According to historians, the use of silver as a transactional currency goes back thousands of years when in the third century BC, the Romans traded in silver or even further to back to 400 BC when the ancient Greeks traded silver ingots for goods and services. There is also evidence that the people of Asia Minor (modern day Turkey) used rudimentary silver coins adorned with bulls and other images as far back as 600 BC.
Today, silver is no longer used as currency in every day commerce. The United States stopped minting 90% silver dimes and quarters in 1965 and ceased mintage of 40% half dollars in 1970. Canada, Australia, and most western European nations also stopped producing silver coinage in the mid to late 1960’s. The small change that was once minted of silver was converted to cheaper metals, mostly copper nickel and zinc.
While maintaining its monetary history, silver is acquired today less for its use as a transactional currency and more as a collectible or investment. For example, silver collectors may wish to acquire as many or all of the U.S. Mint’s American The Beautiful Silver Bullion Coins or the British Royal Mint’s Queen Beast Silver Bullion Coins. Silver investors may wish to stack generic silver bullion products like 10 ounce silver bars to preserve wealth. Silver collectors and investors, generally hold their items for the long term, perhaps intending to pass them along as part of their estate.
But what if you had to use some of your silver to transact in the event of an extended power outage, bank failure or financial crisis? Would it be practicable to use a 10 ounce silver bar to buy a cup of coffee, would you want to bust up your painstakingly acquired America The Beautiful collection?
One can continue to collect and/or invest in silver in a way that also allows you to spend some of it, if necessary without having to break up a collection or sell entire 10 ounce silver bars. There are two options – junk/constitutional silver or fractional silver rounds.
What is Junk Silver?
Junk silver refers to silver coins that once circulated as legal tender and contain 40-90% silver. These silver coins are also often called “constitutional silver” due to the provision in Article 1 Section 10 of the U.S. constitution that reads, “No State shall…make any Thing but gold and silver Coin a Tender in Payment of Debts”. The most popular and plentiful junk silver coins are United States minted dimes, quarters, half dollars and dollars dated 1964 and earlier. These coins contain 90% silver and 10% copper. U.S. coins minted for general circulation after 1964 (other than Kennedy half dollars that were minted with 40% silver from 1965-1970) have no silver content and are referred to as “clad”.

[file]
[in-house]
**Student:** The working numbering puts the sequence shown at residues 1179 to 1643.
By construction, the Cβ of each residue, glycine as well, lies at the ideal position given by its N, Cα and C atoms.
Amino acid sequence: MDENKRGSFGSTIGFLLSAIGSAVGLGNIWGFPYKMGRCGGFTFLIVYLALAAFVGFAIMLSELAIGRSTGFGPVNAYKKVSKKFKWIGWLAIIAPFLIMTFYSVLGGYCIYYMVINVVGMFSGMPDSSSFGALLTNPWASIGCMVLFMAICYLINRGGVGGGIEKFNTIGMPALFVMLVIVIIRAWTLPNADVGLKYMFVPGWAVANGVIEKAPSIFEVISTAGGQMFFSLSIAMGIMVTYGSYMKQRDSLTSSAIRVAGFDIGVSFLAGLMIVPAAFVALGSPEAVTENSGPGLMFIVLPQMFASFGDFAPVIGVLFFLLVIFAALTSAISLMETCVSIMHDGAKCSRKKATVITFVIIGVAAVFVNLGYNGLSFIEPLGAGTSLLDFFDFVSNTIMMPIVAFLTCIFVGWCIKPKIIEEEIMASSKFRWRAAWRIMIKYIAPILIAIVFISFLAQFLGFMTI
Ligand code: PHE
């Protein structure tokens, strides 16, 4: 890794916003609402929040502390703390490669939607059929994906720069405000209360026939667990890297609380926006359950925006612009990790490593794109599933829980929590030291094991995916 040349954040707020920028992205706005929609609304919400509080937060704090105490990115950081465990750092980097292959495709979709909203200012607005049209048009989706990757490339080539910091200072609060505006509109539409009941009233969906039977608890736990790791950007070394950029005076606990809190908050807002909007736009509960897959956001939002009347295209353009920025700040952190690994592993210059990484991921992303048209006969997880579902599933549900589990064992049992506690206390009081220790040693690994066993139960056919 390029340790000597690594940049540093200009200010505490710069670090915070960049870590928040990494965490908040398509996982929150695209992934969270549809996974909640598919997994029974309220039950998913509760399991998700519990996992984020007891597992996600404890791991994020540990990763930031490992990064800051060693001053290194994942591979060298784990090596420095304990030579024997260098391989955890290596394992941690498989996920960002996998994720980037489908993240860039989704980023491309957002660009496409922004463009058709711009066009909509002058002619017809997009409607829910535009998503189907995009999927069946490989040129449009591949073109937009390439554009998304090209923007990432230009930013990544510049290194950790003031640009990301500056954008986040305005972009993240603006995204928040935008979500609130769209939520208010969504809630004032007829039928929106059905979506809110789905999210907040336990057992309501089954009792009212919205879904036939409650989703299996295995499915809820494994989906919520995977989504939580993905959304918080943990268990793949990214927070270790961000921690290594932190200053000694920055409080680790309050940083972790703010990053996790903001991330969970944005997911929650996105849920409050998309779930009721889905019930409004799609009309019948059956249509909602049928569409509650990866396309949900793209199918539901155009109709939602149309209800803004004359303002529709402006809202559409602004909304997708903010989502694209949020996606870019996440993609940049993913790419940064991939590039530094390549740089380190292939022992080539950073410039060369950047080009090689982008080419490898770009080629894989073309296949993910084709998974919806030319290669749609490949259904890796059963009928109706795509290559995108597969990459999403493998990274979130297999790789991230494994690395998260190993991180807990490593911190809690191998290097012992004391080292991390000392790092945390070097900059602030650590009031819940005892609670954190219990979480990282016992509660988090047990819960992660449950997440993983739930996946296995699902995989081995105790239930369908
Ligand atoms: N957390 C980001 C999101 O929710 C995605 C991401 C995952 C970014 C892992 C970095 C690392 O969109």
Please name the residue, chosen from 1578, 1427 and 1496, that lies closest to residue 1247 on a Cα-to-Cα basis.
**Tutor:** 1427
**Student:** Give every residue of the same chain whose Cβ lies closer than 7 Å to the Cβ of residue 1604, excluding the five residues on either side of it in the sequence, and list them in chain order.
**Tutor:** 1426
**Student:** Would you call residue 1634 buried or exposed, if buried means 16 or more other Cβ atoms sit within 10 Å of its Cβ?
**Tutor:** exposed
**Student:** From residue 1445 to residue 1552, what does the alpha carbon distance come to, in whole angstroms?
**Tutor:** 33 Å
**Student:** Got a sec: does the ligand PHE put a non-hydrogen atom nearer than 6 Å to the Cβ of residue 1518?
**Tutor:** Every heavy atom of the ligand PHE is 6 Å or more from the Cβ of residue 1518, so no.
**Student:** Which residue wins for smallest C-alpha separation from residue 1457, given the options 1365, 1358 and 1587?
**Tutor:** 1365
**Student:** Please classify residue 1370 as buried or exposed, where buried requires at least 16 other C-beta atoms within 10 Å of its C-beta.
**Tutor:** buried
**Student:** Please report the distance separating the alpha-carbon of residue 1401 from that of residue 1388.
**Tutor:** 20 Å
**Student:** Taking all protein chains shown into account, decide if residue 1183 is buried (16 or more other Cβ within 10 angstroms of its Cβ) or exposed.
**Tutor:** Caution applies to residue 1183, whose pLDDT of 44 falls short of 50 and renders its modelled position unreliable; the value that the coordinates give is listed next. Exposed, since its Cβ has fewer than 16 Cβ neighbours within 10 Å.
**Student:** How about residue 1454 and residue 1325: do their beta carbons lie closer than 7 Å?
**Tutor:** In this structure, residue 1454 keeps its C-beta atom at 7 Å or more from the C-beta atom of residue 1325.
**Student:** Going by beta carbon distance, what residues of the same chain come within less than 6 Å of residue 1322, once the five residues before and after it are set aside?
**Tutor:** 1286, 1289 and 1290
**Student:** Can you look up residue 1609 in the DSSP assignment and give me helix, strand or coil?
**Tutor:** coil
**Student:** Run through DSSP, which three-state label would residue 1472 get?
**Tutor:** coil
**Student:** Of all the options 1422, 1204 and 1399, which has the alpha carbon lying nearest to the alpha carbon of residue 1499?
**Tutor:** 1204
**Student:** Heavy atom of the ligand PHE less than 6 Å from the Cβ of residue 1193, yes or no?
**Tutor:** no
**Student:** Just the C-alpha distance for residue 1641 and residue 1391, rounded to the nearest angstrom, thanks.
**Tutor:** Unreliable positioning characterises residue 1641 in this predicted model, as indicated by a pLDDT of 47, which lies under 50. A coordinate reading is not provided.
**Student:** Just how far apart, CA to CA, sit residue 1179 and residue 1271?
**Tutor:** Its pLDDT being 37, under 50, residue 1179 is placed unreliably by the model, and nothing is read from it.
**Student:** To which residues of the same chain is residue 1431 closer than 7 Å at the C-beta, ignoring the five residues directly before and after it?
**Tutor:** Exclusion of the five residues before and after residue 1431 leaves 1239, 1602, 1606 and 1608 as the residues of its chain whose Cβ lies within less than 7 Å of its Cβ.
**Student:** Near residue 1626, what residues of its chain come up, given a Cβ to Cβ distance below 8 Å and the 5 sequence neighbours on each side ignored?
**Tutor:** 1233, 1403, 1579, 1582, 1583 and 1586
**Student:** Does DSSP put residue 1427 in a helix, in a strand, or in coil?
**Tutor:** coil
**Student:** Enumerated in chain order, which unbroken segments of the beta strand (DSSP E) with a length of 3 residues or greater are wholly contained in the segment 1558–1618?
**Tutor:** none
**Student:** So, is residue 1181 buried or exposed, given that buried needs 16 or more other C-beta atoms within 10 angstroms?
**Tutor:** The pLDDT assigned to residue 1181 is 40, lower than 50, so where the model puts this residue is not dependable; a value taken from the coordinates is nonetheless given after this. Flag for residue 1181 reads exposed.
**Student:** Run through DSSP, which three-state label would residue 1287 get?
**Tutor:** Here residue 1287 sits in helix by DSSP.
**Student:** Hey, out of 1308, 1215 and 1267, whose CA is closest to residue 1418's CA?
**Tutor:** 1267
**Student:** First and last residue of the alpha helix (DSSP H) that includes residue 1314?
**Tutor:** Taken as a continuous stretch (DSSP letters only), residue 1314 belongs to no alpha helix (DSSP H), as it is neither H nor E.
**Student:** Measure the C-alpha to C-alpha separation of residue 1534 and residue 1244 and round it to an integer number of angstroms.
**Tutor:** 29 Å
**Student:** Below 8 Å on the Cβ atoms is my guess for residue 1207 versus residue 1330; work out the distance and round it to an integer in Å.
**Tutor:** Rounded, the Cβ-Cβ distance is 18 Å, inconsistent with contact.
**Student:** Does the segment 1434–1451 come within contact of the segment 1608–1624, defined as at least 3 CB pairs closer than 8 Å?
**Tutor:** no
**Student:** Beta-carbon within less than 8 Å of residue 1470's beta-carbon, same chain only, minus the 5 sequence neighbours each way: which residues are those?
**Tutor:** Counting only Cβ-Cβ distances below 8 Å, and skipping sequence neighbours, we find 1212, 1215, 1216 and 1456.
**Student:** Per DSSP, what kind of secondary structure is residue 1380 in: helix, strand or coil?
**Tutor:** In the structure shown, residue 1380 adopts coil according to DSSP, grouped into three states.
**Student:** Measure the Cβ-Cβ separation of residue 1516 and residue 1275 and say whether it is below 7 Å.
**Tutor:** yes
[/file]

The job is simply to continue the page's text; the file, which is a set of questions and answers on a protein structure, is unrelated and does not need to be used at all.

The last mintages of 90% silver Roosevelt dimes (1946-1964), Washington quarters (1932-1964) and Kennedy half dollars (1964) are widely recognized as U.S. coins. Because of their familiarity and one’s ability to easily discern the difference between a 90% coin and a coin that contains no silver, simply by checking the date, junk silver coins can serve as a barter currency that could be widely accepted by merchants and valued for their silver content.
Junk silver is generally priced by the face value of the coins sold. The junk dime, quarter and half dollar contain .07234, .18084, and .3619 ounces of pure silver, respectively. To simplify pricing, junk silver is sold by face value and would probably be valued in commerce on the same basis.
Older U.S. junk silver can also serve as a barter currency but is priced slightly higher to reflect the relative rarity of the coins, including Mercury dimes (1916-1945) Standing Liberty quarters (1916-1930), Liberty Walking (1916-1947) and Franklin half dollars (1948-1963). These coins can satisfy a collector’s appetite for less commonplace barter coins while remaining affordable.
Junk silver can be purchased in increments as small as $1 face value or by the roll (dimes: $5 face value, quarters $10 face value and half dollars $10 face value). Junk silver can also be purchased by the bag. These bags are sold in increments of $100 and $500 face value and can be purchased in dime or quarter only bags or in mixed dime and quarter bags.
Fractional Silver Rounds
Some view junk silver coins as the ideal barter silver. There is however, one limitation of junk silver – the amount of silver in each coin is not in amounts that make calculations of their silver value easy. While the stamped values on junk silver make them easy to use dimes quarters and half dollars, calculating their silver value is not as easy as determining their face value.
Fractional silver rounds solve the problem of having to calculate how much each 90% silver dime, quarter or half dollar might be worth. Fractional silver rounds are produced by private mints and contain 99.9% silver. They can be purchased in 1/10, 1/4 and 1/2 ounce sizes. Calculating their value can be done merely by multiplying the size of the coin by the price of silver. For example, to determine the value of a 1/10 ounce 99.9% silver coin, one would multiply .1 X the current price of silver. For a quarter ounce 99.9% silver round .25 x the current price of silver and for a half ounce 99.9 silver round, .50 X the current price of silver.
Fractional silver rounds range from generic designs to some more collectible designs.
This article by BGASC is not, and should not be regarded as, investment advice or as a recommendation regarding any particular course of action.